“It is through collaboration with LON 360°, learning how it has operated successfully over these past five years and exploring what its prospects are for national replication, that extends great opportunities for leading the country toward truth and healing and heading toward an honourable and lasting reconciliation within Canada,” stated Badawey. “If we don’t get moving, we’re going to increasingly fall behind in our national responsibilities. It makes sense to recognize what’s actually working in improving relations between peoples within our society and then optimizing them to ensure our country continues to strive toward achieving its highest ideals and aspirations.”

In response to the LON 360° Reconciliation Initiative, funders, school districts, and provincial agencies have expressed enthusiastic support for its ground-breaking work.

Ignite the Spirit of Education Foundation stated, “the work accomplished by LON 360° has been extraordinary.” The District School Board of Niagara leadership wrote: “As Canadians, our national identity is deeply interwoven with that of Indigenous peoples. We view our partnership with the Landscape of Nations 360˚ as a critical aspect of these efforts.” Niagara Catholic District School Board leaders stated: “The legacy of this initiative will be a model of collaboration for the development of a curriculum that honours and respects the dignity of Indigenous peoples, and that a full understanding of the contributions that Indigenous peoples have made throughout the history of Canada will help shape the future as we work together for truth and reconciliation.” 3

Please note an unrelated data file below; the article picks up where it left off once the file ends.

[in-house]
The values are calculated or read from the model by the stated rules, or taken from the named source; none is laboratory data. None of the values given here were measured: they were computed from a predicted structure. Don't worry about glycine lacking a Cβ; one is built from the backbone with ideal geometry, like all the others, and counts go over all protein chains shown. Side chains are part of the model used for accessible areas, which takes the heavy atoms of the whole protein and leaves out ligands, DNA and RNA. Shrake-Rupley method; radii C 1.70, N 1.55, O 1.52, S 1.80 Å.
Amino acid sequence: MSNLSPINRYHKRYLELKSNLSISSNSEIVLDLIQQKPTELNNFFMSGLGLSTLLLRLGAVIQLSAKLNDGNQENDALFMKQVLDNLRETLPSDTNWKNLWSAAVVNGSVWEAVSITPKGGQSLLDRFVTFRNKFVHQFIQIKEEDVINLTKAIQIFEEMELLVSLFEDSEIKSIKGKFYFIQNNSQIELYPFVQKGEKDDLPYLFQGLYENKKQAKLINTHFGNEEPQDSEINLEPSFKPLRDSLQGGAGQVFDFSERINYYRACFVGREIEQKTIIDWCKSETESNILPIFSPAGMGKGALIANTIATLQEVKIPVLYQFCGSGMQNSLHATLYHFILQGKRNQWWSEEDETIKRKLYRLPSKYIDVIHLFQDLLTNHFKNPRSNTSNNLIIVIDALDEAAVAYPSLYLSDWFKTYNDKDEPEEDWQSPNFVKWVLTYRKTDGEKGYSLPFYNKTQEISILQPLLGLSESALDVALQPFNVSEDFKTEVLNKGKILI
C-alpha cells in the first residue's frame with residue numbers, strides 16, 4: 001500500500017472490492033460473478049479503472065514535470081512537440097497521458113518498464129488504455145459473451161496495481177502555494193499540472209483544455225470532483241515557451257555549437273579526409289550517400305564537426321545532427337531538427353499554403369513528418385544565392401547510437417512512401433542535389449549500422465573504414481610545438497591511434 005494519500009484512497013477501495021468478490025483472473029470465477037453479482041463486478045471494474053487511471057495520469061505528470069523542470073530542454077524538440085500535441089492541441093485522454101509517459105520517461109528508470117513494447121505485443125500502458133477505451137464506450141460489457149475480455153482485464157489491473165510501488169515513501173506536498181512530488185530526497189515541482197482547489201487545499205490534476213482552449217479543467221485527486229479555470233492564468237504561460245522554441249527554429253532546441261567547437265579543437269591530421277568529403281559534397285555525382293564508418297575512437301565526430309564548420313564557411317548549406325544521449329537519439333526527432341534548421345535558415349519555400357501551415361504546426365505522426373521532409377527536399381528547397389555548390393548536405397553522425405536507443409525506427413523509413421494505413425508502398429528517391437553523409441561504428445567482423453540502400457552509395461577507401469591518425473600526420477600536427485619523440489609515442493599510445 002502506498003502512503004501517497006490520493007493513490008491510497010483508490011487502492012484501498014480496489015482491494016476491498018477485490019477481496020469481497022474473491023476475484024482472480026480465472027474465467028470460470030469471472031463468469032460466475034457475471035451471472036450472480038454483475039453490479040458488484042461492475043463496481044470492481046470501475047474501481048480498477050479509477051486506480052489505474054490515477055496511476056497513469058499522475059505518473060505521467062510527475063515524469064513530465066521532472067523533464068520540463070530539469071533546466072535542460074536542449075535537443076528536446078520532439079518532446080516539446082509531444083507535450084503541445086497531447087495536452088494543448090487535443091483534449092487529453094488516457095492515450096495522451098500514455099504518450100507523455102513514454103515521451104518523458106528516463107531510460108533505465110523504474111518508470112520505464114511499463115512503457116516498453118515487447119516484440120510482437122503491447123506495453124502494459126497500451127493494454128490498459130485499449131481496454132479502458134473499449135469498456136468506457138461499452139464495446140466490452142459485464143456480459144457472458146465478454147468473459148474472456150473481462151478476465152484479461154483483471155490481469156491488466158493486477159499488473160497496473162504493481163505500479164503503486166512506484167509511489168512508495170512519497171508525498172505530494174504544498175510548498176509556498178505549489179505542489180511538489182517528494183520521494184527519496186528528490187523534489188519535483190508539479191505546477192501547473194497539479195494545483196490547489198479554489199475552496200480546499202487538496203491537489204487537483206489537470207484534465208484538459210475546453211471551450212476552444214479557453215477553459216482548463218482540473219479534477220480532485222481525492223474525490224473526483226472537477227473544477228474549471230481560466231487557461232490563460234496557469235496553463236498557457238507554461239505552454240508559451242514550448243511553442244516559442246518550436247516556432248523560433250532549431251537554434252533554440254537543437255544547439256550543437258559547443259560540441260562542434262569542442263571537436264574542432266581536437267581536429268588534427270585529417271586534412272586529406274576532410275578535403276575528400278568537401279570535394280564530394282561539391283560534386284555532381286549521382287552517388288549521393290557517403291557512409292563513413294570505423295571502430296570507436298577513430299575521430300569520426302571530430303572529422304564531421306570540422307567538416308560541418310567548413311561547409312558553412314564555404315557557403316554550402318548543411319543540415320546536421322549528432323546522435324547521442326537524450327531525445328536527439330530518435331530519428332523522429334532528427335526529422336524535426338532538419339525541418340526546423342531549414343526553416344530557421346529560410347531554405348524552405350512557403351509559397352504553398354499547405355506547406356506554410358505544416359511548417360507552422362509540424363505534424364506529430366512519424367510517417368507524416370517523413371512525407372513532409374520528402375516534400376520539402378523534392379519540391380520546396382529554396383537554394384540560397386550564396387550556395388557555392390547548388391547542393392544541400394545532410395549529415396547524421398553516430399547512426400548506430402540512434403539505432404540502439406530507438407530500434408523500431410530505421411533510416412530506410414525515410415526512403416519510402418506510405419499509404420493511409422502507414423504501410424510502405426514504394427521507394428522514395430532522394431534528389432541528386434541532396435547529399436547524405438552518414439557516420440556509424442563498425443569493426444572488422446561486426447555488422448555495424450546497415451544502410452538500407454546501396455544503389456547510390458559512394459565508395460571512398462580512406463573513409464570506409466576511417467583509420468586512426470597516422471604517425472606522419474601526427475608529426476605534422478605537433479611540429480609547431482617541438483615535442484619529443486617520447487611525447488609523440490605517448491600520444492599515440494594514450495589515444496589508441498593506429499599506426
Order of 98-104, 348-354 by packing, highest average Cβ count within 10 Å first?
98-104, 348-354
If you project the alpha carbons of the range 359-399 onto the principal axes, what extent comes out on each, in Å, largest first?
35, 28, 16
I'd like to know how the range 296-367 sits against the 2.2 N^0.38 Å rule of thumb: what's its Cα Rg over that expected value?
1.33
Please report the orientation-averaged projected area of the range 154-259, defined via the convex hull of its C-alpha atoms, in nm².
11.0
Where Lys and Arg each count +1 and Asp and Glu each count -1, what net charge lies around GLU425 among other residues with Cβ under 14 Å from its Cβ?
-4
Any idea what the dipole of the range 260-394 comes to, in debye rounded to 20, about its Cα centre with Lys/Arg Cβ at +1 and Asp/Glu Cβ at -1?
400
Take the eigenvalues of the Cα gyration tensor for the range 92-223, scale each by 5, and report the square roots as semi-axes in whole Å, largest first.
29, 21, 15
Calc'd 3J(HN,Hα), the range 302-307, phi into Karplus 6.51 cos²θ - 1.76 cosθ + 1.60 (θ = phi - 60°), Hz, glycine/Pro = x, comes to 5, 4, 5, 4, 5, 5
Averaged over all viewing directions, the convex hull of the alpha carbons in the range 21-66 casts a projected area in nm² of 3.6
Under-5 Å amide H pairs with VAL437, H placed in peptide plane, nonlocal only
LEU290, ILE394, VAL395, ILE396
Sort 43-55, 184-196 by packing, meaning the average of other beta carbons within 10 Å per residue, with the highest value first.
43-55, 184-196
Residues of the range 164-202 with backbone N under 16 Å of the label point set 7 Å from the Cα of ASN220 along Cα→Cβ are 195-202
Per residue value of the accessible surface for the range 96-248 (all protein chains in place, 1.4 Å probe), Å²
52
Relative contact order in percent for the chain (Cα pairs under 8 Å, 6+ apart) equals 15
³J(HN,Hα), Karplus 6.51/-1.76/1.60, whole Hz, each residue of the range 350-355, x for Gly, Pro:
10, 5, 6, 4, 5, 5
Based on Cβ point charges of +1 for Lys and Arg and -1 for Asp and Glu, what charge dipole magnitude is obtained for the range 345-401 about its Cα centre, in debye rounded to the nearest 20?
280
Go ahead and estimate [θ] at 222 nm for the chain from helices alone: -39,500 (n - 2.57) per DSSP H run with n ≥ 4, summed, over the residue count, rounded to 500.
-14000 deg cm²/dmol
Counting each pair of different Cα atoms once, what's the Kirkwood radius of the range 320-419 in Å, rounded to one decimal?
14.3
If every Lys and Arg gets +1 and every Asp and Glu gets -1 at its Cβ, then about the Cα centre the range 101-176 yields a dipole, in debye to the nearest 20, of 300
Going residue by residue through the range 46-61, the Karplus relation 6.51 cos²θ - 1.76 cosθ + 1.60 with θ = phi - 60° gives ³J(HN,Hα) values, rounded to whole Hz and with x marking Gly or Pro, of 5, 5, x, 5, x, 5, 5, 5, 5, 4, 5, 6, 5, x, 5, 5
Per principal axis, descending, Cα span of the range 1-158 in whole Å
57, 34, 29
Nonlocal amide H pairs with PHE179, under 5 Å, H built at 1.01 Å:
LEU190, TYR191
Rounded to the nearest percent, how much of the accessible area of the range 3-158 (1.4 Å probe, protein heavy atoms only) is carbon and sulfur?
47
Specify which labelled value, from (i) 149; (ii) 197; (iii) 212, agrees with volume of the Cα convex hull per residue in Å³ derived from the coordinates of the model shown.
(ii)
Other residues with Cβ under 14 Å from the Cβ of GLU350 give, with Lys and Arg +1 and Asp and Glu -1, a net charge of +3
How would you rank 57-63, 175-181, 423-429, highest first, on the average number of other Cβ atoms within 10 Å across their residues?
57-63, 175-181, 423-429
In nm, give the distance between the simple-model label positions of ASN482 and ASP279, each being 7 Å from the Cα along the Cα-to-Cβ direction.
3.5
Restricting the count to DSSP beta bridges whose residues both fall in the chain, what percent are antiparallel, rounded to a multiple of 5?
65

In addition to other partner agencies, Niagara Parks Commission Chair Sandie Bellows and Chief Executive Officer David Adames wrote: “We have considered it an honour to support and host the Landscape of Nations 360° initiative and will continue to commemorate and celebrate the history and culture of Indigenous nations and peoples along our shared lands.”

Regarding the collaboration, Badawey and LON 360° agree to cooperate on areas of mutual interest, including the deepening of Indigenous knowledge and perspectives in Canada’s educational sector and within public discourse; strengthening awareness, understanding, and respect for the histories, languages, and traditions of Indigenous peoples; and advancing reconciliation opportunities in the Niagara Region and, through guidance, throughout the country.

For more information contact:

Vance Badawey Office
Telephone: 613-995-0988

Michele-Elise Burnett and Tim Johnson

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MUSKRAT Magazine

MUSKRAT is an on-line Indigenous arts, culture magazine that honours the connection between humans and our traditional ecological knowledge by exhibiting original works and critical commentary. MUSKRAT embraces both rural and urban settings and uses media arts, the Internet, and wireless technology to investigate and disseminate traditional knowledges in ways that inspire their reclamation.